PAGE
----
Robinson Crusoe Religion Essay

1639 words - 7 pages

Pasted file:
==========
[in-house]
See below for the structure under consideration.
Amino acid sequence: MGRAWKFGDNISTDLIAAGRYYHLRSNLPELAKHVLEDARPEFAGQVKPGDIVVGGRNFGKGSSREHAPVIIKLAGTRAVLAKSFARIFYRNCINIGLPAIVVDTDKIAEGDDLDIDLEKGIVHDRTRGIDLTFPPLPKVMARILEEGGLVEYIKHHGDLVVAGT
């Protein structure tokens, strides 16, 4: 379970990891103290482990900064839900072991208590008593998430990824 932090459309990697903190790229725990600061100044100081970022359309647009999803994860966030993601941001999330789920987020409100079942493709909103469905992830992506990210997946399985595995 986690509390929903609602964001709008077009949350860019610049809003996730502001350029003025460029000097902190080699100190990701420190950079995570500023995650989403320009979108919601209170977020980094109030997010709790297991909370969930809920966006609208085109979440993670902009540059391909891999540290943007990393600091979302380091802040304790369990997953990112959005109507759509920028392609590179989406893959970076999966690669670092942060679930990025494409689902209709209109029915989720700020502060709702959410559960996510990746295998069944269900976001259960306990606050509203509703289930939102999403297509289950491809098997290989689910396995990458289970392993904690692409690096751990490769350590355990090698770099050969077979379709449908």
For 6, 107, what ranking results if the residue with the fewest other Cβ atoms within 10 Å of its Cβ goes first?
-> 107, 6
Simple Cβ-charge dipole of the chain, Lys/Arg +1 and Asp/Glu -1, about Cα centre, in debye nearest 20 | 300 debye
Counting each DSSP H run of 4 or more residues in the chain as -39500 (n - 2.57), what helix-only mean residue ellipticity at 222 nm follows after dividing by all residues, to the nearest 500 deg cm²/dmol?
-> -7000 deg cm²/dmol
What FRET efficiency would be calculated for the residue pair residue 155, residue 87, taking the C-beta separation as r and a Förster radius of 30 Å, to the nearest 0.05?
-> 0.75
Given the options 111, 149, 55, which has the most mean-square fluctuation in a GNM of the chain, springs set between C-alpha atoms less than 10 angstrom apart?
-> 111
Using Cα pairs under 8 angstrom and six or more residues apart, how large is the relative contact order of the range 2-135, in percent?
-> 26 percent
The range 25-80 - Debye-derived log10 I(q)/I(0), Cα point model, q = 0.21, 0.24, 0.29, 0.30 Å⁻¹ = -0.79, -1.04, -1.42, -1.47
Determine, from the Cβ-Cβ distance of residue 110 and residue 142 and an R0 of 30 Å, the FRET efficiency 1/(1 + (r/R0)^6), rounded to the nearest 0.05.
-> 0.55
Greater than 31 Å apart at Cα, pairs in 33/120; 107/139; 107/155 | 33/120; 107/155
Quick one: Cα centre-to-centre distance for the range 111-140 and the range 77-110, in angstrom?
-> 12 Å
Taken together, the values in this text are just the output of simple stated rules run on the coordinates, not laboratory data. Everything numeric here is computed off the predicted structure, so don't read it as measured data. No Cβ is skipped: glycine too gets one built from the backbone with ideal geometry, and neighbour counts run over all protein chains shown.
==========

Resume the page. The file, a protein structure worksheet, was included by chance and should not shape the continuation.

Robinson Crusoe: An Evolution of Political ReligionMany people have pointed out that Robinson Crusoe's experiences on the island seem to be a reflection of the growth of civilization and society. Considering the prominent role that religion plays in the novel, it would be worthwhile to examine the progression of religious and political thought in Crusoe's "society." Through the experiences of one man, we can observe the progression of religion from the private realm to the public realm, the conflicts inherent in such a progression, and the resolution to these conflicts. This evolution of religious and political thought affirms two ideas: 1) in the personal realm, it affirms religious individualism--the idea that one can and should find his God independently from any human authority or intermediary (i.e. priests); and 2) in the public realm, the novel affirms that religious toleration, especially on the part of those in power, is the appropriate way to resolve those conflicts that are inherent in the transition of religion from the private to the public. Crusoe discovers (primarily through trial and error and constant introspection) both of these ideas and eventually succeeds in implementing both of them. He "finds God" without the guidance of anyone, and he ultimately becomes a tolerant ruler of the island with respect to religion. Surprisingly, Crusoe never lives up to his personal definition of a "good Christian." But perhaps this is just a touch or realism by Defoe, since Crusoe is otherwise so successful at recognizing religious individualism and instituting religious toleration on the island, both of which are very important to Defoe.The first step in the religious progression of Crusoe is his personal discovery of God. Through his example, he shows that no human intermediary is needed in order to find God; finding God should and must be an independent act. He tells us that he was moved to repent without the help of any teacher or instructor, with only the Bible to help him (160). Curiously enough, it was his very rebellion against his father and the "Middle Station" that put him in a position to find God on his own, something that may not have happened if he had obeyed and merely accepted the "hand-me-down" religion and lifestyle of his father. But it was his relationship with Friday that would later confirm his suspicion of priesthood. In his attempt to Christianize Friday, Crusoe realizes that it is impossible for him to teach Friday certain aspects of faith: "...yet nothing but divine Revelation can form the Knowledge of Jesus Christ...nothing but a Revelation from Heaven, can form [knowledge of Christ] in the Soul..." (158). Crusoe learns that he, like a priest, cannot substitute for divine revelation. This is a recurring theme for Crusoe, and he explicitly attacks the institution of priesthood in the Catholic church (and presumably the Anglican church as well). He attacks the institution of priesthood on the grounds that it serves to...

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